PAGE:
MR imaging and new contrast agent effective in diagnosing testicular cancer spread

May 05, 2003

MR imaging plus a new contrast agent (ferumoxtran-10, Combidex) is dramatically better than current techniques in determining if testicular cancer has spread, a new study indicates. The contrast agent is awaiting Food and Drug Administration approval.

Sixteen patients with proven testicular cancer had an MR examination without the new contrast media and a separate MR examination 24 hours after the contrast media had been injected to determine if their disease had spread into their lymph nodes, says Mukesh Harisinghani, MD, a radiologist at Massachusetts General Hospital in Boston. The images were reviewed by two radiologists who indicated whether they believed the lymph nodes were benign or malignant. "The signal intensity of the lymph nodes, that is how bright the lymph nodes looked on the MR image, changed from light (before the contrast media was given) to dark (after the contrast media) for benign disease," says Dr. Harisinghani. The signal intensity was relatively unchanged for malignant lymph nodes, he says.

The radiologist's diagnosis was compared to the results of biopsy of the lymph nodes, and the MR images were 92 percent accurate in identifying malignant disease, says Dr. Harisinghani

"This new method of diagnosing metastases in testicular cancer patients is substantially better than using CT to image the lymph nodes and measure their size. While larger lymph nodes are suspicious, lymph nodes that haven't grown in size can also be hiding malignant disease," he says.

When this contrast agent is approved by the Food and Drug Administration it will change the way we evaluate these patients, adds Dr. Harisinghani.
Dr. Harisinghani will present the study May 5 during the American Roentgen Ray Society Annual Meeting in San Diego.

Additional Contact Information:
Danica Laub (703) 858-4332
Keri Sperry (703) 858-4306
Press Room (619) 525-6536 (May 5-8)

American College of Radiology

Related Lymph Nodes Articles from Brightsurf:

How to prevent the spread of tumor cells via the lymph vessels
Scientists from the German Cancer Research Center and the Mannheim Medical Faculty of the University of Heidelberg identified a new way to block the dangerous spread of tumor cells via lymphatic vessels.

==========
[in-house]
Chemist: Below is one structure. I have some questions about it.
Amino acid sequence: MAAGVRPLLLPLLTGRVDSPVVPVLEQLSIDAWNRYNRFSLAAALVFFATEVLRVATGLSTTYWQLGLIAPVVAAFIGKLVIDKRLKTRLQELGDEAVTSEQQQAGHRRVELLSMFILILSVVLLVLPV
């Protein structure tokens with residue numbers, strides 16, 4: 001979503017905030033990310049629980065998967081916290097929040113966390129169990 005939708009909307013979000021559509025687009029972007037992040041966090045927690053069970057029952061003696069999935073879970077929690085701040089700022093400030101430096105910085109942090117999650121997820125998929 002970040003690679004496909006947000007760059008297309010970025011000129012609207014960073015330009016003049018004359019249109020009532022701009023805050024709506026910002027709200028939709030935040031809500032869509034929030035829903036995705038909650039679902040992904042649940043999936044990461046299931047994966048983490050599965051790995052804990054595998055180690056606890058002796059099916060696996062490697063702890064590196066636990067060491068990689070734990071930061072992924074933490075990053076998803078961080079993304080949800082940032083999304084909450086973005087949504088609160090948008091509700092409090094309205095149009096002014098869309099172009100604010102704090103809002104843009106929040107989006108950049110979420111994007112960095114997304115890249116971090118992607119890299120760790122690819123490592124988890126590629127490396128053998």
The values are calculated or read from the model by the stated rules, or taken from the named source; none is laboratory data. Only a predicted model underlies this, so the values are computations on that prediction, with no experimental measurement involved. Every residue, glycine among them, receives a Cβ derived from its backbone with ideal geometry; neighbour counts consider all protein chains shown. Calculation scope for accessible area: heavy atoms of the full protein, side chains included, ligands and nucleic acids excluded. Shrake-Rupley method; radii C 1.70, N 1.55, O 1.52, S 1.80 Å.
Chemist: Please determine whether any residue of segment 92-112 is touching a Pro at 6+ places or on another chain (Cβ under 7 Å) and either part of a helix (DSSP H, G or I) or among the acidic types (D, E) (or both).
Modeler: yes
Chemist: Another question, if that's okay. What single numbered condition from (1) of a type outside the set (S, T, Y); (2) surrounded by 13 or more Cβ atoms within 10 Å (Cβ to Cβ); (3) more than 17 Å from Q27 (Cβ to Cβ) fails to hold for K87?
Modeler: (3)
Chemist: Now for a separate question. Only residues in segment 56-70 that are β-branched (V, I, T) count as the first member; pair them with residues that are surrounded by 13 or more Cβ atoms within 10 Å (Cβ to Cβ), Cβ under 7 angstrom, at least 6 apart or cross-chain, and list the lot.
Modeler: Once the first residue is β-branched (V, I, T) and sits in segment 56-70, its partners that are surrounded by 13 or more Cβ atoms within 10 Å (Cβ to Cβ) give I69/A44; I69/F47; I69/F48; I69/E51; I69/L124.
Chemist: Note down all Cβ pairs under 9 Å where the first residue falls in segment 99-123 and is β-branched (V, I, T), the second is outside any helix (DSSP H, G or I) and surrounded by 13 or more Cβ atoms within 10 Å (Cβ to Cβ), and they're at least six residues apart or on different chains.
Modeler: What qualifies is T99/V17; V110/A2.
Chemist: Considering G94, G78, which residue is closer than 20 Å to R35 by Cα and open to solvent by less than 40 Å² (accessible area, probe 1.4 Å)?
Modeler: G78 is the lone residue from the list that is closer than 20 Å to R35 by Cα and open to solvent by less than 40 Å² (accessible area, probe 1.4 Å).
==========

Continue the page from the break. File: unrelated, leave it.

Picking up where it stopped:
Photoacoustic microscopy for identifying sentinel lymph nodes of breast cancer
Tumor metastatic sentinel lymph nodes is difficult to distinguish from normal or inflamed lymph nodes (Inf-LN).

Pigs grow new liver in lymph nodes, study shows
Hepatocytes -- the chief functional cells of the liver - are natural regenerators, and the lymph nodes serve as a nurturing place where they can multiply.

The secret of lymph: How lymph nodes help cancer cells spread
For decades, physicians have known that many kinds of cancer cells often spread first to lymph nodes before traveling to distant organs through the bloodstream.

Newly identified gut cells nurture lymph capillaries
IBS research team has identified new subsets of gut connective cells, which are crucial for lymphatic growth.The findings imply a crucial link between the physiology of intestinal environment and biological interactions between cell types.

Pathological regression of lymph nodes better predicts esophageal cancer survival
A team of researchers led by Osaka University established a new pathological grading system to evaluate the therapeutic effect of neoadjuvant chemotherapy (NAC) for metastatic lymph nodes (LNs) removed in esophageal cancer (EC) surgery, demonstrating that the system predicts recurrence and prognosis in EC patients better than conventional systems.

Unveiling how lymph nodes regulate immune response
The Hippo pathway keeps lymph nodes' development healthy. If impaired, lymph nodes become full of fat cells or fibrosis develops.

S1P molecule regulates dendritic cell localization and vascular integrity in lymph nodes
Researchers found that HEVs, which were deficient for the S1P-transporter Spinster-homologue-2, were unable to attract dendritic cells in order to trigger LTβr-signaling through cell-cell contact with HEVs.

Nanoparticle therapy targets lymph node metastases
Metastasis, in which cancer cells break free from the primary tumor and form tumors at other sites, worsens the prognosis for many cancer patients.

Lymph nodes can predict survival in patients with esophageal cancer
It is difficult for physicians to estimate recurrence and survival in patients with esophageal cancer.

Read More: Lymph Nodes News and Lymph Nodes Current Events is a participant in the Amazon Services LLC Associates Program, an affiliate advertising program designed to provide a means for sites to earn advertising fees by advertising and linking to